In D. L. Richardson’s Welcome to the Apocalypse: Pandora, Kelly Lawrence is a grieving widow longing to reconnect with her deceased husband. She takes his place in a beta test for a virtual reality game he helped to design, one in which players are placed in simulation pods and virtually transported to an apocalyptic scenario of their choice. Kelly, along with her overprotective brother, Jack, and their friend, Reis, select the vampire apocalypse. Once the game is over, instead of being released from the pods as they should be, they are transported to another apocalypse to start again. Together, Kelly, Jack, and Reis must try to find a way to escape the brutal game, all while doing everything they can to stay alive.
While Welcome to the Apocalypse: Pandora certainly has an excellent premise, its execution leaves much to be desired. The main character, Kelly, is far too brooding and melancholy, with confusing motives and no real desire to be there in the first place; her miserable demeanor diluted the excitement and terror of the games. Many of the potential action scenes were passed over completely, in favor of her internal conflict on the sidelines or just closing her eyes (literally!) to it altogether. The general plot development was also quite lackluster, rushing through scenes without including more details about the game and its various scenarios.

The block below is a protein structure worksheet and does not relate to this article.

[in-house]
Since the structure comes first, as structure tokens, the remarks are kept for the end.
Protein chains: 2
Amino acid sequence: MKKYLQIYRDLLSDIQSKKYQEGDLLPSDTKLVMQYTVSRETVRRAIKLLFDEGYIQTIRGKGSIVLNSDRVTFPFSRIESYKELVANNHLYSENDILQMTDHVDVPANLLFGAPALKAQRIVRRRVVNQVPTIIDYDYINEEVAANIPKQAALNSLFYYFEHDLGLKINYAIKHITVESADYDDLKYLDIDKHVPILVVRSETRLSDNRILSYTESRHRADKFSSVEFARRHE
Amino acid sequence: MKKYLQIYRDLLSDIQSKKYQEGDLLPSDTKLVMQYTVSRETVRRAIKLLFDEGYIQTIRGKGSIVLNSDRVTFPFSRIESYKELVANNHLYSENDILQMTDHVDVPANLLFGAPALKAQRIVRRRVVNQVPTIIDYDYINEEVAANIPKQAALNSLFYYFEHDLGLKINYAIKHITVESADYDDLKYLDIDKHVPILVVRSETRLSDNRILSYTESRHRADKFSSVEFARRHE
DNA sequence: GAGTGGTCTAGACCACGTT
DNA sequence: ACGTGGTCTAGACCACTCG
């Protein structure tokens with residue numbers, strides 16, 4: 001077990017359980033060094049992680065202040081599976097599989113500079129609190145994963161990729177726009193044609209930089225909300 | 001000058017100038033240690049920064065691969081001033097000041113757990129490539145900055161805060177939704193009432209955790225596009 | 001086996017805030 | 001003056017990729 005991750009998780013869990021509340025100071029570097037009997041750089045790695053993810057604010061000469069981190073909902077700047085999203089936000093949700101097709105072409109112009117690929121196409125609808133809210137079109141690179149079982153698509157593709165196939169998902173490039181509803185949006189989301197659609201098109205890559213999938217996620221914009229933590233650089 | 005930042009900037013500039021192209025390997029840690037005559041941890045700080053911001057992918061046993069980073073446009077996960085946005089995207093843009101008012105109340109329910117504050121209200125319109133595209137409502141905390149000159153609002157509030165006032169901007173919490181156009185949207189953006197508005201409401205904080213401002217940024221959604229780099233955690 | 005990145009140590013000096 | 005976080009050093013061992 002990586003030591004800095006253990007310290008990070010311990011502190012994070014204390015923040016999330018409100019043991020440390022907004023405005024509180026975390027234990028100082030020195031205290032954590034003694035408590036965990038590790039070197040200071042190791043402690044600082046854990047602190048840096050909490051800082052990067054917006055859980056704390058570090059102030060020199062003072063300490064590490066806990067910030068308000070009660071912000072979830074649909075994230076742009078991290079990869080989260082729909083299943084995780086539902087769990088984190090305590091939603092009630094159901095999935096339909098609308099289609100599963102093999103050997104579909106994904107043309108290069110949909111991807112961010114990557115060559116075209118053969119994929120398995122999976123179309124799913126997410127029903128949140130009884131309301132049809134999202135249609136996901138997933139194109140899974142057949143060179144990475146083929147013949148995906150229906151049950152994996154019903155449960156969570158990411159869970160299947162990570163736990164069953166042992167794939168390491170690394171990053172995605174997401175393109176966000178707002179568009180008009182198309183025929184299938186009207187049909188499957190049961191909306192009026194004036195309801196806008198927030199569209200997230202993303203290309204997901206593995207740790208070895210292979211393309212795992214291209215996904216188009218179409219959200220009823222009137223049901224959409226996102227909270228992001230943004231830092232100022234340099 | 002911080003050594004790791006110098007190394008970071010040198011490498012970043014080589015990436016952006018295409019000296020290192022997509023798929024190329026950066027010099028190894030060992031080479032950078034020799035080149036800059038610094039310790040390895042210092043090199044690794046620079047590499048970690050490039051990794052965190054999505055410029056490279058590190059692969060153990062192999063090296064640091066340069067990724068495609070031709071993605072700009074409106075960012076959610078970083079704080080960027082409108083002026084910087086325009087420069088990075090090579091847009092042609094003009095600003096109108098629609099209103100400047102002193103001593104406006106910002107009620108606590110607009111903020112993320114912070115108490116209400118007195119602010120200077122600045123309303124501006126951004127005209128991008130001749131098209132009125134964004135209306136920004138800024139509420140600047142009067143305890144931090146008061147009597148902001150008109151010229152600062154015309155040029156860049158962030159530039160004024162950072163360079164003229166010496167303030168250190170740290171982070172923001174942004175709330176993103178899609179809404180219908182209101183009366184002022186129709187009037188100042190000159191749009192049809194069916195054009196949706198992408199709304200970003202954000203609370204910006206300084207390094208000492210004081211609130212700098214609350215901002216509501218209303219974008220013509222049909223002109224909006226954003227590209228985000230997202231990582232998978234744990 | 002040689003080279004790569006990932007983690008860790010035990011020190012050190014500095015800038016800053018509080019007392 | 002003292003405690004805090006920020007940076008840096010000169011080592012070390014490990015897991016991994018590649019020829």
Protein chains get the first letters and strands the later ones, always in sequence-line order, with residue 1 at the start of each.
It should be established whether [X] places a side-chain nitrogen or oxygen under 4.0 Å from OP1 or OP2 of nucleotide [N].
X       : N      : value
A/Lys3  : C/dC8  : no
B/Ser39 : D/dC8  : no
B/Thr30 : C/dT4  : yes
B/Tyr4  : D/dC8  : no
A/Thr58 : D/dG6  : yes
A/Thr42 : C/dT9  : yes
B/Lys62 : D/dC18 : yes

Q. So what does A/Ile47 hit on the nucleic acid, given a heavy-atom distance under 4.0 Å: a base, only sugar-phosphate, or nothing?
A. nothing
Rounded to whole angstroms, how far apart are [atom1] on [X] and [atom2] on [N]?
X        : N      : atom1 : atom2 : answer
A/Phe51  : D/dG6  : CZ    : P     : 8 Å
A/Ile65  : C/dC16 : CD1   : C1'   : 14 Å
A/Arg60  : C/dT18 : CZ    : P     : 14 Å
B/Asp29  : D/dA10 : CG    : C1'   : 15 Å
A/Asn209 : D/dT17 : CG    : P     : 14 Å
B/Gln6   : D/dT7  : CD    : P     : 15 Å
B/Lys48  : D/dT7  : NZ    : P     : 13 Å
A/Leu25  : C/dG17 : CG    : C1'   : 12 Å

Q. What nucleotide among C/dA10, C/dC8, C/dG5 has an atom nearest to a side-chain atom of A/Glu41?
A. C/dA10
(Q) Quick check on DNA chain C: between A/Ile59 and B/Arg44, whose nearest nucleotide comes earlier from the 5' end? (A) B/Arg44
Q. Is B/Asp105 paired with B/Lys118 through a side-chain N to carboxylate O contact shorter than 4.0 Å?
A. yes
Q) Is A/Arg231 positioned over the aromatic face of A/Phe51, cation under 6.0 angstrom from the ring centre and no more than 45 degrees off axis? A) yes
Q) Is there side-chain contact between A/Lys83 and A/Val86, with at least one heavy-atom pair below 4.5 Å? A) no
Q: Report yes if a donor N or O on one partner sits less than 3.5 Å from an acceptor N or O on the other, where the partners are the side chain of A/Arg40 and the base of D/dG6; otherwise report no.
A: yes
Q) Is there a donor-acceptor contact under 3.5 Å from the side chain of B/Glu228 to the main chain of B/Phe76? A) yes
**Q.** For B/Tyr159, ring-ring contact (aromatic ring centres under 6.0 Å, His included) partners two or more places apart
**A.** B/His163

What makes Welcome to the Apocalypse: Pandora so exhilarating, though, is its ingenuity. It resembles a blend of The Hunger Games and Jumanji, while still maintaining a level of believability not achieved in those works. With the growing popularity of virtual reality gaming and survival-oriented games, the plot depicted in this book is not implausible, and that’s what makes it so interesting. D. L. Richardson has a fantastic idea here; hopefully, the next book in the series will improve its plot development so that this series can reach its full potential.
Originally critiqued by a member of the Authors Talk About It team.